Regulating the digital space is also crucial. Examples in this sense include the European Digital Service Act (DSA) and the promotion of strengthened codes of practice for information management, possibly by co-regulatory approaches that include the creation of independent bodies. The EU is the strongest available political space to bargain with the all-powerful big techs.

Finally, sanctions against actors that engage in hostile manipulation of the information flow should be considered. They may include imposing political and economic costs which should be temporary, reversible in their application, and proportional to the inflicted damage.

Strategic communication and pre-bunking, i.e. the proactive process of anticipating disinformation tactics, providing critical skills, and elaborating alternative narratives are effective tools for fighting disinformation. Strategically declassifying intelligence documents in order to anticipate the misleading narrative of a manipulative actor is a possible example of strategic communication.

Fact-checking (the structured and systematic verification of information) is a successful strategy against disinformation as well. Content verification aims to establish the veracity of a piece of information, but also to analyse the context and reasons behind why certain content is presented in a specific way. A frontline role of civil society and NGOs is recommended and preferable to the direct intervention of government institutions.

However, professional fact-checking alone is insufficient, because news sharing is a process faster than its verification. Equipping citizens with verification tools reduces the burden on organisations and newsrooms professionally dedicated to fact-checking. A number of these tools exist online, but citizens lack the knowledge about how to benefit from them: initiatives that aim to raise awareness about the accessibility to these digital tools are desirable.

Finally, local teams for content moderation on platforms that work in the local language are a fair demand to platform companies relying primarily on AI (artificial intelligence) as a tool for content moderation, while stressing the necessity of a more applied human workforce. Platforms should also be required to provide researchers, journalists, and civil society organisations with more actionable data (likely in real-time) and push for algorithm transparency.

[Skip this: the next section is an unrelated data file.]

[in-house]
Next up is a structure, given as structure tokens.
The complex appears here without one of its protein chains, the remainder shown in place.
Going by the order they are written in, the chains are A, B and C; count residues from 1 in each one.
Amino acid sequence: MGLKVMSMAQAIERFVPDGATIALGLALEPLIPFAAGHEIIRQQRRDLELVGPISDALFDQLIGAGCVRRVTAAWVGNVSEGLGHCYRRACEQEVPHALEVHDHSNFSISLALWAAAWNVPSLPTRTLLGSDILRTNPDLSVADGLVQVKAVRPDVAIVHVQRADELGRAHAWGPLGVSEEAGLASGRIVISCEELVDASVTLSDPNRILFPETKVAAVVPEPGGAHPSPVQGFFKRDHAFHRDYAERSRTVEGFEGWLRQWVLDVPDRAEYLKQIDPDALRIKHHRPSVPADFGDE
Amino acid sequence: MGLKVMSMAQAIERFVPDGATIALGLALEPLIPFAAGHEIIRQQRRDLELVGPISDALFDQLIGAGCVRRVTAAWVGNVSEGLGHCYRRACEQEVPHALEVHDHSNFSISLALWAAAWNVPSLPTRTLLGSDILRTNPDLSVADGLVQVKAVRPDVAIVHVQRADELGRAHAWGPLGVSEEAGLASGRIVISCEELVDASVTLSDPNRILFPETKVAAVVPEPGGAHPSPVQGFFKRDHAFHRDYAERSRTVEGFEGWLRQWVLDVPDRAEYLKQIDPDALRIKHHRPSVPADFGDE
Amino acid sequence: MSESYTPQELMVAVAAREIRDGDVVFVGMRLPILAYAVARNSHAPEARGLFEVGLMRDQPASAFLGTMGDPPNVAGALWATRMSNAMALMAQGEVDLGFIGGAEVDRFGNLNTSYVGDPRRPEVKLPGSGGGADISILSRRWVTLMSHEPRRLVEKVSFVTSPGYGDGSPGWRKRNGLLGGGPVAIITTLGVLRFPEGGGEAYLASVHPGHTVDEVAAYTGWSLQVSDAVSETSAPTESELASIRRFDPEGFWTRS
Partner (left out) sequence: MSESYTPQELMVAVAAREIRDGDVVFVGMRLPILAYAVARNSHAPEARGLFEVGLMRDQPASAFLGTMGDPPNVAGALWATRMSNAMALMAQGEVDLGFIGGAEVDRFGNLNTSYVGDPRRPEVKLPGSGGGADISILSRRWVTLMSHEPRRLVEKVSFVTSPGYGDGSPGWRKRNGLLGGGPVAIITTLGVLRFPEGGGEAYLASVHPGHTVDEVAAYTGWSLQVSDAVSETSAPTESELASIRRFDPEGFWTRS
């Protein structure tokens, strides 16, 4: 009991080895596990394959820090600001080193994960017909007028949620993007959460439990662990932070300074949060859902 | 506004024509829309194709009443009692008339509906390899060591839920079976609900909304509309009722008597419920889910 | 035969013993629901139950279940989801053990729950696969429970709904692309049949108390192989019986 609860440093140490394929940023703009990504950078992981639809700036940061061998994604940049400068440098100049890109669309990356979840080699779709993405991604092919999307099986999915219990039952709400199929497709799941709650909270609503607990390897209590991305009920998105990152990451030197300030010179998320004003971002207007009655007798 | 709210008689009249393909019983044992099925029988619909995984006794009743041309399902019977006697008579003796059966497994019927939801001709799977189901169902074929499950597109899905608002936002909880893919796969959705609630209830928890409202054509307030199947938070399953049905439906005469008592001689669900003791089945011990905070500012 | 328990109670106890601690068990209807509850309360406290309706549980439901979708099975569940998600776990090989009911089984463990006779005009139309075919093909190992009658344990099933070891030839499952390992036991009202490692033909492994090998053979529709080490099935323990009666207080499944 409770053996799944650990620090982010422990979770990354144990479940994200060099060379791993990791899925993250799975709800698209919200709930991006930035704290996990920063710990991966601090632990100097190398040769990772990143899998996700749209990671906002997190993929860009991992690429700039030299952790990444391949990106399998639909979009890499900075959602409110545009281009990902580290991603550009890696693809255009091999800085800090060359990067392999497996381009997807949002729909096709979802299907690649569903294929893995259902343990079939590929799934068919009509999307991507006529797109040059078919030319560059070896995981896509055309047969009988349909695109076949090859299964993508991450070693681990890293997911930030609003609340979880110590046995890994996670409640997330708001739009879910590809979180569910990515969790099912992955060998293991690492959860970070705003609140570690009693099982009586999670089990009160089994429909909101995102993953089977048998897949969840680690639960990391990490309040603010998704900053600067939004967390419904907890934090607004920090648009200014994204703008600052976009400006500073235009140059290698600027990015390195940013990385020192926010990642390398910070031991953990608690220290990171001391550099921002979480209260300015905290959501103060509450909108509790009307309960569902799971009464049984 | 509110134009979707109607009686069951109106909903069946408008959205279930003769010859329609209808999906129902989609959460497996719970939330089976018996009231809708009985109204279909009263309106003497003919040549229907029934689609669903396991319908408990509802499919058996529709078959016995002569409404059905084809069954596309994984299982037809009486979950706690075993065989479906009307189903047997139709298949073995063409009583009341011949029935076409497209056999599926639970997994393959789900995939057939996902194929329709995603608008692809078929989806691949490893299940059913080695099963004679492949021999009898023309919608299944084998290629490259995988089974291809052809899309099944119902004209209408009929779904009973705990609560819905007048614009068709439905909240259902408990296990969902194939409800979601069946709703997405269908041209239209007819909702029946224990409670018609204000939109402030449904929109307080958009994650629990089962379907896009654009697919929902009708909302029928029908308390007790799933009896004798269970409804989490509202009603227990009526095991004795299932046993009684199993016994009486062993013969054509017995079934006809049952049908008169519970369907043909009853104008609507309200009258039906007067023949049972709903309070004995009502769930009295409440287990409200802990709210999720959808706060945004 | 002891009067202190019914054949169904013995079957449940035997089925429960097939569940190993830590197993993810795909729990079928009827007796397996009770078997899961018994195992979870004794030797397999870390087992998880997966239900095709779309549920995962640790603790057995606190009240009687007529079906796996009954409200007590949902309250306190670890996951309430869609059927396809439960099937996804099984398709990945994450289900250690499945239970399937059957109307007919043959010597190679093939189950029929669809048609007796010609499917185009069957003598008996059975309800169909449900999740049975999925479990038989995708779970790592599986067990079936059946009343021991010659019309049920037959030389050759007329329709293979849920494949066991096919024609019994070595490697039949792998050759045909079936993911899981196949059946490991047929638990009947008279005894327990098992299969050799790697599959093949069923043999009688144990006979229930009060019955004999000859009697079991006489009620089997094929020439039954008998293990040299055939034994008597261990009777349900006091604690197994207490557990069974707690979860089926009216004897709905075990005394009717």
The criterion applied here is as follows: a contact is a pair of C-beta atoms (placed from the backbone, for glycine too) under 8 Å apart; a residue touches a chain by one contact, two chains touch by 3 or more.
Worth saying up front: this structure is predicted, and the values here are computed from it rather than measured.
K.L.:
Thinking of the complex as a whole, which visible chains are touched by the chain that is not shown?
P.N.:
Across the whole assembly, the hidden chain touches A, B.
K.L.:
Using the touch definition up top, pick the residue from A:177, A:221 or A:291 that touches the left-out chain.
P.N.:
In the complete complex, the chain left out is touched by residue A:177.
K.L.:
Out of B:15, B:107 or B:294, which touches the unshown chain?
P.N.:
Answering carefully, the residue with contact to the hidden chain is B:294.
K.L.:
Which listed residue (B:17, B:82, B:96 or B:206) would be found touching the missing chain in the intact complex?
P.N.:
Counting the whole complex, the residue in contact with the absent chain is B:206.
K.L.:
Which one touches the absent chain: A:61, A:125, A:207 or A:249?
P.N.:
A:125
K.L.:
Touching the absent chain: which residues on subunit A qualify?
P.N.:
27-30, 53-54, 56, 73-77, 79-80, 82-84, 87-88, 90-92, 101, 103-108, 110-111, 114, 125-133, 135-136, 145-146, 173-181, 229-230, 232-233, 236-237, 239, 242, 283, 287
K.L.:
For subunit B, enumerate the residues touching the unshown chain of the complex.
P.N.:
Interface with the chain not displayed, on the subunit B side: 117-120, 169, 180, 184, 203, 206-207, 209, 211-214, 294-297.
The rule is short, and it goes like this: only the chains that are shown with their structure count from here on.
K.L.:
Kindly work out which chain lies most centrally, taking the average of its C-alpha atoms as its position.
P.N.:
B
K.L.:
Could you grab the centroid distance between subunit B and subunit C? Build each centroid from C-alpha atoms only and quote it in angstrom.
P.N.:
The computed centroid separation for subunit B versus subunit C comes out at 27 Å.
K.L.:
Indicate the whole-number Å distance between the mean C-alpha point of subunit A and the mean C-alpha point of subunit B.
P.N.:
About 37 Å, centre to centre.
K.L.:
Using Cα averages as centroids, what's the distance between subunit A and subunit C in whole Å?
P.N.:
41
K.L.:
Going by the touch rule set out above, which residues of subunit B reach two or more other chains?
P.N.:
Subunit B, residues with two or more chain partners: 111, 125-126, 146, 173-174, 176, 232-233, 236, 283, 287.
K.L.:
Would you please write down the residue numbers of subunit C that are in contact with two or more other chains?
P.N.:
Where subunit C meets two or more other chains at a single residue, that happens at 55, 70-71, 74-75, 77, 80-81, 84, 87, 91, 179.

Notes on the Western Balkans

The main reasons for the permeability of the Western Balkans to malicious actors interested in disinformation have to do with the weakness of institutions, contested sovereignty, and internal rifts along ethnic lines. Advancing in the EU integration process could provide a fundamental safety net to counter these vulnerabilities. Yet, unsurprisingly, the enlargement project itself has been targeted by disinformation, which in turn is contributing to making the EU integration process less likely to advance.

Disinformation is an obstacle to the reconciliation process in the Western Balkans and is key to genocide denial narratives. Actors against reconciliatory policies weaponise disinformation by exploiting ethnic, social, and economic divisions, while disinformation linked to religious extremism is less impacting.

Media lack professionalism in terms of organisational and editorial transparency, and independence from external interferences. The flawed architecture of the media working in the region is considered one of the principal reasons for disinformation proliferation.

Mental health issues connected to information-linked disorders such as hate speech and online harassment are still out of the radar of public institutions and missing in the public debate, even if the pandemic made the situation far worse. There is a chronic lack of professional figures such as psychologists and educators that can contribute to a comprehensive action against information disorders.

The civil society sector is considered key for reconciliation, as it makes up for the absence or inefficiency of the government and inter-governmental institutions, and it should be supported in its efforts.

An urgent matter is the creation of a safe space free from fears of repercussions to foster dialogue between the young generations and the politicians.

Examples of success in the field of education were achieved in BiH by providing materials directly to school teachers, while Montenegro made a positive step when authorities gave a green light to NGOs working on media literacy in school curricula.

The transnational nature of disinformation makes it transferable by design and capable of travelling from its original thematic, geographical, technological, and cultural domains to new ones. Any long-term strategy that aims at efficiently countering disinformation should adopt a similar transnational approach, not only through a coordinated action among public entities, but also through cooperation between different social actors such as government, private businesses, civil society and media organisations. This multi-stakeholder approach is a precondition for any effective action against disinformation in the Western Balkans as elsewhere.